Following the economic shock caused by the Covid-19 pandemic, investors, policymakers and businesspeople are trying to discern which sectors will drive economic growth in the coming years. In our August 2021 newsletter, we identified 5 sectors to watch in Africa, which are likely to be at the forefront of the continent’s post-Covid-19 economic recovery. The second of these 5 sectors is streaming.
As the Covid-19 pandemic engulfed the world in 2020, the global streaming sector experienced huge growth across Europe and North America, as locked-down consumers turned to it as their primary source of entertainment. However, unlike in the Global North, streaming was still in its infancy in Africa and, therefore, the pandemic presented a threat to the burgeoning sector, especially as potential consumers were often hit harder financially than their counterparts in Europe and North America. Nevertheless, far from being the death knell for the sector, Africa’s streaming services have survived the past year and a half and are now poised to grow rapidly as the continent re-emerges from the pandemic.
Understandably, consumer priorities lay elsewhere as the economic consequences of the pandemic became clear. After all, streaming subscriptions are often considered luxury expenses, and this is even more so the case in Africa. This was recognised by key players in the sector, such as Boomplay – a major company in African audio-streaming – which quickly adapted to the unfolding situation, giving away an estimated $1 billion of free data to keep subscribers listening. The Chinese-owned company decided to take a short-term hit, so as to maintain its customer base; a strategy which has left it well-positioned to take advantage of the continent’s post-Covid-19 economic recovery.
Such adaptability shown by companies like Boomplay is one of the reasons that they have been able to operate successfully in a challenging market. Even before Covid-19, African streaming service providers had to deal with poor internet coverage – estimated to be approximately 20 percent in 2019 – and expensive mobile data charges. This has made it especially difficult for video stream providers, which require more data. One such provider is Netflix, which has sought to overcome this challenge through entering into agreements with mobile phone service providers. For example, in South Africa, Netflix has agreements with Vodacom and Telkom, which means that its service is provided as part of mobile phone packages. Other adaptations include the embrace of popular mobile payments systems, like M-Pesa, which is accepted by Boomplay.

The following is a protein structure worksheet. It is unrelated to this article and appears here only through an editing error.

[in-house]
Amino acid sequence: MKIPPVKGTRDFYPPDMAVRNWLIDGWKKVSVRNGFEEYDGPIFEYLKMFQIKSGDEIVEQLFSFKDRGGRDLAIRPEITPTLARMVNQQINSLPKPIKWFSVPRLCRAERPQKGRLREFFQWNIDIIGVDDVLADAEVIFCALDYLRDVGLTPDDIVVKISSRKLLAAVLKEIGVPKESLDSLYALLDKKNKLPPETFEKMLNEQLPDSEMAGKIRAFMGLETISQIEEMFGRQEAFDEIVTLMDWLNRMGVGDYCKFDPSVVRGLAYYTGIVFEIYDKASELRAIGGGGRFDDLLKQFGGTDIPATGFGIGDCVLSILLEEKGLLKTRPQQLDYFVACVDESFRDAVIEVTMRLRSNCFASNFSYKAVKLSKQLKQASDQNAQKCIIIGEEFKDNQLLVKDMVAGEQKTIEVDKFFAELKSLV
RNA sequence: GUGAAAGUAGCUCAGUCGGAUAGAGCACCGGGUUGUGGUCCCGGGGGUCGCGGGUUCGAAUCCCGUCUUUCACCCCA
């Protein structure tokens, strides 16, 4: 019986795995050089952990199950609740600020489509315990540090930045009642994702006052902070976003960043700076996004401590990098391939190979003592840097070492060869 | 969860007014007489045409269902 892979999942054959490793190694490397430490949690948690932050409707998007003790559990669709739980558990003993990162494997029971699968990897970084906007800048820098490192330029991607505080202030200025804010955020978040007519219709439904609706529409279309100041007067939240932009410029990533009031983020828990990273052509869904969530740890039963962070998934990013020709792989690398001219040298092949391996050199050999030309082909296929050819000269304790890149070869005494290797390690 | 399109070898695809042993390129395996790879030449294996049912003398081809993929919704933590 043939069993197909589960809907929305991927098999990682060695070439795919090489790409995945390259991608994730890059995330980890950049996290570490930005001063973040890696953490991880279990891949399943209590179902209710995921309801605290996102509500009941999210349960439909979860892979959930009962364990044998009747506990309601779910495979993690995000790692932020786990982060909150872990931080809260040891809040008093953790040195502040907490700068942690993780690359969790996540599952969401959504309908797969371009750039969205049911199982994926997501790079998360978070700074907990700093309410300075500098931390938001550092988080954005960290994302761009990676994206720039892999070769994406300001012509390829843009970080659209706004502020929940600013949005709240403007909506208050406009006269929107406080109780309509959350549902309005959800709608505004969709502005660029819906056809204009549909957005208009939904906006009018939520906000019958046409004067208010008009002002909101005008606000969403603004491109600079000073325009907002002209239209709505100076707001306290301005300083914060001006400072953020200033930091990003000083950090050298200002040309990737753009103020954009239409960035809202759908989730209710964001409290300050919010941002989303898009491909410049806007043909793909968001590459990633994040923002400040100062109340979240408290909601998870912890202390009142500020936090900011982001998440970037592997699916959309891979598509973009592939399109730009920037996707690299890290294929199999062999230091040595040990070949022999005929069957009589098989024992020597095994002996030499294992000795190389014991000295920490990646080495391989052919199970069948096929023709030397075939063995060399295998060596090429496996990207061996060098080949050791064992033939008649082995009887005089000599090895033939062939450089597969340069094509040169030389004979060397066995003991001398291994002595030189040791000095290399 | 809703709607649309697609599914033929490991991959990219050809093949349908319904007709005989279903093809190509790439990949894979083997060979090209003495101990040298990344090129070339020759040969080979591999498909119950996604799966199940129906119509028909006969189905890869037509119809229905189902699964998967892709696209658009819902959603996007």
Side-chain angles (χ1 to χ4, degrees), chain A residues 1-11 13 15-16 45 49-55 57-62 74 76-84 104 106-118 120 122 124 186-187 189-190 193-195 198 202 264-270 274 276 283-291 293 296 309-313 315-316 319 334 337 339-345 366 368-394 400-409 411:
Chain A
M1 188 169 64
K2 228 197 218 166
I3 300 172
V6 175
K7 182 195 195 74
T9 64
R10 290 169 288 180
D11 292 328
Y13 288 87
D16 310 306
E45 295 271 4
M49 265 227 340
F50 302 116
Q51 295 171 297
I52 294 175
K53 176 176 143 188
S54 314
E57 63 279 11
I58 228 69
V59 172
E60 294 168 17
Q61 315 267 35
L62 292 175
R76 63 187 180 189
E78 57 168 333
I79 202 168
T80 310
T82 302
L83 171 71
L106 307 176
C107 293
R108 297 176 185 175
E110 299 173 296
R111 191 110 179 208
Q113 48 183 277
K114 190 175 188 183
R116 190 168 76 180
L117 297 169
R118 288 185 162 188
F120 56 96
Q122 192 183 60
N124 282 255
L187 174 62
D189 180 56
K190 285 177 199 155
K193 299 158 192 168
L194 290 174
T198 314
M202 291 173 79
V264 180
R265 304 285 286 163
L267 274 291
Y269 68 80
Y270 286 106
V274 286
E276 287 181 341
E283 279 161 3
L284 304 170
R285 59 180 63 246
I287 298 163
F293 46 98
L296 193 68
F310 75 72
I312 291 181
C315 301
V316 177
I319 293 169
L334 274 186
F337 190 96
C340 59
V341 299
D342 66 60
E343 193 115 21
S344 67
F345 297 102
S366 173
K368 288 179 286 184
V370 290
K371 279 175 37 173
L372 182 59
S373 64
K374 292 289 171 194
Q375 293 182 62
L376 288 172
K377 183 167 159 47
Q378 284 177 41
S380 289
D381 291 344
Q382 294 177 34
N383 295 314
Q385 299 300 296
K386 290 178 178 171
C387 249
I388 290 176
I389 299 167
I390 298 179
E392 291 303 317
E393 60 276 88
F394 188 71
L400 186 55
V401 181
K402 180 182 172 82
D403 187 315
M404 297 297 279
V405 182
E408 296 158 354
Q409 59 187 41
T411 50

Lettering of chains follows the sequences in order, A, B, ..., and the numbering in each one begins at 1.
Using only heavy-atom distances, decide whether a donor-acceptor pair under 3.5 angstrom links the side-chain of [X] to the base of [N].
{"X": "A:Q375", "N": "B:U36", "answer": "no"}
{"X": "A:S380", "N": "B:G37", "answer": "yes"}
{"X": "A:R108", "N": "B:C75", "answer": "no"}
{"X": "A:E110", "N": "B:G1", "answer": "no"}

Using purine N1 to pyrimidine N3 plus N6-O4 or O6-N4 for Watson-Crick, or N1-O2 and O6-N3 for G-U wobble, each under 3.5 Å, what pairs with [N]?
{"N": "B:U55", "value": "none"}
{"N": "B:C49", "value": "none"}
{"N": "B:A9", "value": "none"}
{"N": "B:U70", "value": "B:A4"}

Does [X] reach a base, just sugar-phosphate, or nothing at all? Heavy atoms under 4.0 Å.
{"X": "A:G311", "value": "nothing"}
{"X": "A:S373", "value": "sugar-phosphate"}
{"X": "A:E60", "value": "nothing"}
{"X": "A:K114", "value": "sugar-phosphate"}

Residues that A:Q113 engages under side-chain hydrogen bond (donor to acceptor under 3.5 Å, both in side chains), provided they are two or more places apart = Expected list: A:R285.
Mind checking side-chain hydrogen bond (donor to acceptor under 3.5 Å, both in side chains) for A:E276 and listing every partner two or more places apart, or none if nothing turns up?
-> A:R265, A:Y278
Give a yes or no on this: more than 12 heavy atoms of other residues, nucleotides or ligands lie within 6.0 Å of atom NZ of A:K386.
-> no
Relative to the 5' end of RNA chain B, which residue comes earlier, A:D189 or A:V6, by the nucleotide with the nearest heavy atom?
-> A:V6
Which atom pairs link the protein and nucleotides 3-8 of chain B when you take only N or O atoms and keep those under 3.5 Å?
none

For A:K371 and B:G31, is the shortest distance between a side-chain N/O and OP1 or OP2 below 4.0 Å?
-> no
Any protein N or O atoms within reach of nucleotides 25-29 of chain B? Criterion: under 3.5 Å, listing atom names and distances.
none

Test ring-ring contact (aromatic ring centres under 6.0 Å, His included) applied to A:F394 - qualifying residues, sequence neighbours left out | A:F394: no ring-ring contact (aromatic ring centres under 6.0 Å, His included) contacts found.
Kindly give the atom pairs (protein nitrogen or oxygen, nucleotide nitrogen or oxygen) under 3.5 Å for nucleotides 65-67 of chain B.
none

This has placed such established players in a strong position, and they are expected to experience significant growth in the coming years. For example, Netflix – the market leader for video streaming – is estimated to increase its African subscriber base to 13 million by 2025, up from 3.9 million in 2020. And this growth is set to see a diversification of the geographic concentration of the service’s users. In 2017, South Africa and Nigeria were home to 74 percent of Netflix’s African subscribers, and this is projected to fall to 60 percent by 2023.
This growth will be driven not only by the increasing popularity of streaming services but also an increase in access to the internet. The African Union, with support from the World Bank, has set the goal of connecting every individual, business and government on the continent by 2030. While this is an ambitious aim, which will almost certainly not be met, Africa’s internet coverage is set to grow quickly during the 2020s. This will benefit the established players, as well as opening the market to greater competition and investment opportunities, as the continent’s new potential subscribers come online.
This article originally featured in Africa Integrity’s August 2021 Newsletter. To join our newsletter mailing list, please contact us.